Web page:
Alan Morton Dershowitz (born September 1, 1938 in Brooklyn) is an American lawyer, professor, and political commentator of Jewish descent. He has spent most of his career at Harvard Law School, where he became the youngest full professor of law in its history in 1967, at the age of 28. He has held the Felix Frankfurter professorship there since 1993.
Dershowitz is known for his role in several important legal cases and as a commentator on the Arab–Israeli conflict. As a criminal lawyer, he has won 13 of the 15 murder and attempted murder cases he has handled, and has represented many celebrity clients, such as Mike Tyson, Patty Hearst, and Jim Bakker. His most famous cases include his role in 1984 in overturning the conviction of Claus von Bülow for the attempted murder of his wife, Sunny, and as the appellate adviser for the defense in the trial of O.J. Simpson in 1995.
He is a political liberal, and has written several books on politics and law, including Reversal of Fortune: Inside the von Bülow Case (1985), the basis of the 1990 film; Chutzpah (1991); Reasonable Doubts: The Criminal Justice System and the O.J. Simpson Case (1996); The Case for Israel (2003); Rights From Wrongs: A Secular Theory of the Origins of Rights (2004) and The Case for Peace (2005).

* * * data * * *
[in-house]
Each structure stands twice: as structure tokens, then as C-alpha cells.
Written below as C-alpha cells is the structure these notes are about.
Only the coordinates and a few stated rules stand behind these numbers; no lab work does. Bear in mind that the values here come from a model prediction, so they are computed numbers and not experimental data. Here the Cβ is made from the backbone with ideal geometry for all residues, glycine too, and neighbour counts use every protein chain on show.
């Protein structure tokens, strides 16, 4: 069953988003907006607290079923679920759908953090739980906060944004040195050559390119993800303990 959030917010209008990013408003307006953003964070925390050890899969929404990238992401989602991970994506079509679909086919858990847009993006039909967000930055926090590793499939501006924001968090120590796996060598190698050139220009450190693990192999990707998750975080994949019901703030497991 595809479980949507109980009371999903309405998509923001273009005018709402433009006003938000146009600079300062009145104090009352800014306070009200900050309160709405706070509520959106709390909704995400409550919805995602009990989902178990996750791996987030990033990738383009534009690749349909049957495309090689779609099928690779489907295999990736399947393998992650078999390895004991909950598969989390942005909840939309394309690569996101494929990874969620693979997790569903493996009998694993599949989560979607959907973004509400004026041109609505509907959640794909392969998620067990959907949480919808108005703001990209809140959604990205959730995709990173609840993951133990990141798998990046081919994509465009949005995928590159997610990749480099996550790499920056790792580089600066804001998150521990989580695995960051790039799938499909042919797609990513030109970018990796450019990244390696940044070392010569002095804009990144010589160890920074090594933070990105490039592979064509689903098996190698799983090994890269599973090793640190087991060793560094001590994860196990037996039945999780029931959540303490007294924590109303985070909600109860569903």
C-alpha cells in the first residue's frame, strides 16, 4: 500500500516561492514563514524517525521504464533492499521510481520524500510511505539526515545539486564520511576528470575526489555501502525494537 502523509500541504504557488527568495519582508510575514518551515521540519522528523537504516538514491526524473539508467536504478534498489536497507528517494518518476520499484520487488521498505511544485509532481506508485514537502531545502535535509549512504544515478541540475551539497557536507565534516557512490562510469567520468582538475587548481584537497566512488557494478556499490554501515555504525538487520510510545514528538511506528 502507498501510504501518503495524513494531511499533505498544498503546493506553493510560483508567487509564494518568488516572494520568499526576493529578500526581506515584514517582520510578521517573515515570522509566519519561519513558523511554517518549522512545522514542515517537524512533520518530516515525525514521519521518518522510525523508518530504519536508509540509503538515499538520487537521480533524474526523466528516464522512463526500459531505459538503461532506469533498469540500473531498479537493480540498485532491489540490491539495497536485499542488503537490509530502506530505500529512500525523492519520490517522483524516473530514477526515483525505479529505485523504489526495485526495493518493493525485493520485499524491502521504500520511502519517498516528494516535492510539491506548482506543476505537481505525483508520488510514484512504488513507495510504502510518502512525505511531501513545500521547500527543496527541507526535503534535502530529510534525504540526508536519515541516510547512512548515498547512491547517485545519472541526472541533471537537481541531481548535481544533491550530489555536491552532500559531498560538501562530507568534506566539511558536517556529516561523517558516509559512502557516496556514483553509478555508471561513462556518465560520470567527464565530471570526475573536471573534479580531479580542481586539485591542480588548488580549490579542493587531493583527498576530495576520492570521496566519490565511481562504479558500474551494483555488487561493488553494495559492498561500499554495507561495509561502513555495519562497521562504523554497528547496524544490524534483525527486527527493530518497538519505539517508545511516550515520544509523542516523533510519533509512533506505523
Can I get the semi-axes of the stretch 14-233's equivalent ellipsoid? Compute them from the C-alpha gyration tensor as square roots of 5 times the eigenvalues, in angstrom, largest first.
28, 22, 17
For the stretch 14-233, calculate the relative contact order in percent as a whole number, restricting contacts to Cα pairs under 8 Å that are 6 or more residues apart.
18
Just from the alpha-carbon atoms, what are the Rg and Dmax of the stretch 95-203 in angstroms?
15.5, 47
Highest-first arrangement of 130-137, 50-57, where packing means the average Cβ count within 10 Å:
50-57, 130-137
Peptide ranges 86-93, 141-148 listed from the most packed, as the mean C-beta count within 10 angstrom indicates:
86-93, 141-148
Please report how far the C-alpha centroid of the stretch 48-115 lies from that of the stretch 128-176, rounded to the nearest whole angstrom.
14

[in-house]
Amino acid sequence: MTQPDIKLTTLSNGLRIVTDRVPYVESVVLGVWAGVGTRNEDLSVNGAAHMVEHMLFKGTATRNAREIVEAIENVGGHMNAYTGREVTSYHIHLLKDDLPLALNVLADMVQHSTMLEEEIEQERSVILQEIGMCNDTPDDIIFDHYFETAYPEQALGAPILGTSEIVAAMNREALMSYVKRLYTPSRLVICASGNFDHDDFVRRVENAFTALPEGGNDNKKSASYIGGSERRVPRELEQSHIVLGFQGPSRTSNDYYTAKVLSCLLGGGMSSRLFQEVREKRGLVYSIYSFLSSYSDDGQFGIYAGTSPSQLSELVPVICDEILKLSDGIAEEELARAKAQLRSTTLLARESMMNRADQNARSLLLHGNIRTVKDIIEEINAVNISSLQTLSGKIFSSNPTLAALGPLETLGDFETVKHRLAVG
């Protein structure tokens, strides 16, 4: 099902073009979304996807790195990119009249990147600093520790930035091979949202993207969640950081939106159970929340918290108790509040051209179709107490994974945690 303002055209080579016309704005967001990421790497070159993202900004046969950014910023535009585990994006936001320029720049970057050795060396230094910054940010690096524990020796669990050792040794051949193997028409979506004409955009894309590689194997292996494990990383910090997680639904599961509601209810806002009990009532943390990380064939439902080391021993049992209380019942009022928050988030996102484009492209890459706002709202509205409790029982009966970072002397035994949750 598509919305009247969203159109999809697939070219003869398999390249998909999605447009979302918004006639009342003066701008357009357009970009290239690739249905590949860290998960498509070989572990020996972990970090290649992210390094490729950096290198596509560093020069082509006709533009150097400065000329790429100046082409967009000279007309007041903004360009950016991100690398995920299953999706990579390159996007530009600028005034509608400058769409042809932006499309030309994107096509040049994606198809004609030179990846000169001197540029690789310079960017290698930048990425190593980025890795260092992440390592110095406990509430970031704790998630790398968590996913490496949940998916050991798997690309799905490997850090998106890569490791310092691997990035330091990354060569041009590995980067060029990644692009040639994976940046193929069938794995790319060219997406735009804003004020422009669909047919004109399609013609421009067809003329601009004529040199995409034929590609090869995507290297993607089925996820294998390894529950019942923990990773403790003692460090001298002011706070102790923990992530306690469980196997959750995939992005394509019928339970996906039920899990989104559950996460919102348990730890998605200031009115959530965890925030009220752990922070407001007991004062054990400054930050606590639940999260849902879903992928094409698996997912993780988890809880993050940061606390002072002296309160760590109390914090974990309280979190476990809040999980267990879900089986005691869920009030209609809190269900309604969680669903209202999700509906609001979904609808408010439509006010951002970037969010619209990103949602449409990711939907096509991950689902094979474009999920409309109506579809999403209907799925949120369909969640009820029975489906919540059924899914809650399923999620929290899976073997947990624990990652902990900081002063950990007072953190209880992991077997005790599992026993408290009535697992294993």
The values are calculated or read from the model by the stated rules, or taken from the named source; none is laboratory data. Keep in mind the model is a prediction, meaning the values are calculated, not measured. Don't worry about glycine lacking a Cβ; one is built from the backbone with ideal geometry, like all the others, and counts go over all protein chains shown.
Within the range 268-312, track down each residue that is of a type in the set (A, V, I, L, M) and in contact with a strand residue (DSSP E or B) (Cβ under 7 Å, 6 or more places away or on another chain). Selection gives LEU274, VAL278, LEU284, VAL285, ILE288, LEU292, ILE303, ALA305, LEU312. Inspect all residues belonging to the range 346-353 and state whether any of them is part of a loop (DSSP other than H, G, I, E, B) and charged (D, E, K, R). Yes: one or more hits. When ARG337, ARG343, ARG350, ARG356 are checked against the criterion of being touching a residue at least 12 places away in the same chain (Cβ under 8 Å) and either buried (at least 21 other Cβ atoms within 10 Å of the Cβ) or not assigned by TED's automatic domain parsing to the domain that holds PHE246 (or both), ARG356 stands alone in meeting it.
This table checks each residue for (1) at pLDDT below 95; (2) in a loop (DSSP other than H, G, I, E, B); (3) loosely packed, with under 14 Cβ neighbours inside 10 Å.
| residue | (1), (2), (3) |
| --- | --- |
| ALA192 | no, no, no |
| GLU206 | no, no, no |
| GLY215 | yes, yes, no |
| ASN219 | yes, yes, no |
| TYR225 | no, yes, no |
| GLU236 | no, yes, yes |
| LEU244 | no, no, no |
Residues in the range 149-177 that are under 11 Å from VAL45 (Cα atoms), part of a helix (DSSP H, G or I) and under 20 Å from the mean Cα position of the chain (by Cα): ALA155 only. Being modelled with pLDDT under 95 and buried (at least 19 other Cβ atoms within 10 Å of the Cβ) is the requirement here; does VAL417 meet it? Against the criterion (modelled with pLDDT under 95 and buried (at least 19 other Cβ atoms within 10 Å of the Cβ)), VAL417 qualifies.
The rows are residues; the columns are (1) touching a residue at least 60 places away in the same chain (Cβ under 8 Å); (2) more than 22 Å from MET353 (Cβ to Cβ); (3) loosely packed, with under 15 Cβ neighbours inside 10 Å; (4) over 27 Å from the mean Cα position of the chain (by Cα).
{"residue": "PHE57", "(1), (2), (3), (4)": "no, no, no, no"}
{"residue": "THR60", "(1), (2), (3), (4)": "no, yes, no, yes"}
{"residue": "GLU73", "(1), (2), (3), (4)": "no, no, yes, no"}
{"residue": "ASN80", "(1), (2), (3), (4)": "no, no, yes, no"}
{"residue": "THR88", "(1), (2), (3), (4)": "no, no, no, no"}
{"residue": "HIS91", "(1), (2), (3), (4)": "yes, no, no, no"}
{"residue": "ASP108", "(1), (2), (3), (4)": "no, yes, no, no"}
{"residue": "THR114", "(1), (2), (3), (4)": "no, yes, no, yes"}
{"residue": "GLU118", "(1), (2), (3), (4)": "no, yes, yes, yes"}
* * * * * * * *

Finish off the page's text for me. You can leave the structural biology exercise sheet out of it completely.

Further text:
References[change | change source]
- Dershowitz, Alan M. (1 May 1992). "Chutzpah". Simon and Schuster – via Google Books.
- See Alan Dershowitz speak at Prager University.
- For his having won 13 out of 15, see Pollak, Joe. "Dershowitz wins 13th murder case", Harvard Law Record, January 22, 2009.
- "Alan Dershowitz", The Huffington Post, accessed November 20, 2010.
- Lithwick, Dahlia (January 7, 2005). "Stand by Your Memos: Alberto Gonzales' refusal to defend even the defensible". Slate. Retrieved September 19, 2011.
- Totenberg, Nina (June 14, 2007). "Libby Ordered to Prison While Awaiting Appeal". NPR.
- Sachs, Andrea (July 1992). "Hiring Splits Harvard Law: Parody of murdered professor's article increases rancor". ABA Journal. Retrieved September 19, 2011.
- "Americans mull national ID cards". CNN. October 31, 2001. Retrieved September 19, 2011.
- "Alan M. Dershowitz: Bibliography", Harvard Law School, accessed November 20, 2010.
- "Alan Dershowitz - HuffPost". www.huffingtonpost.com.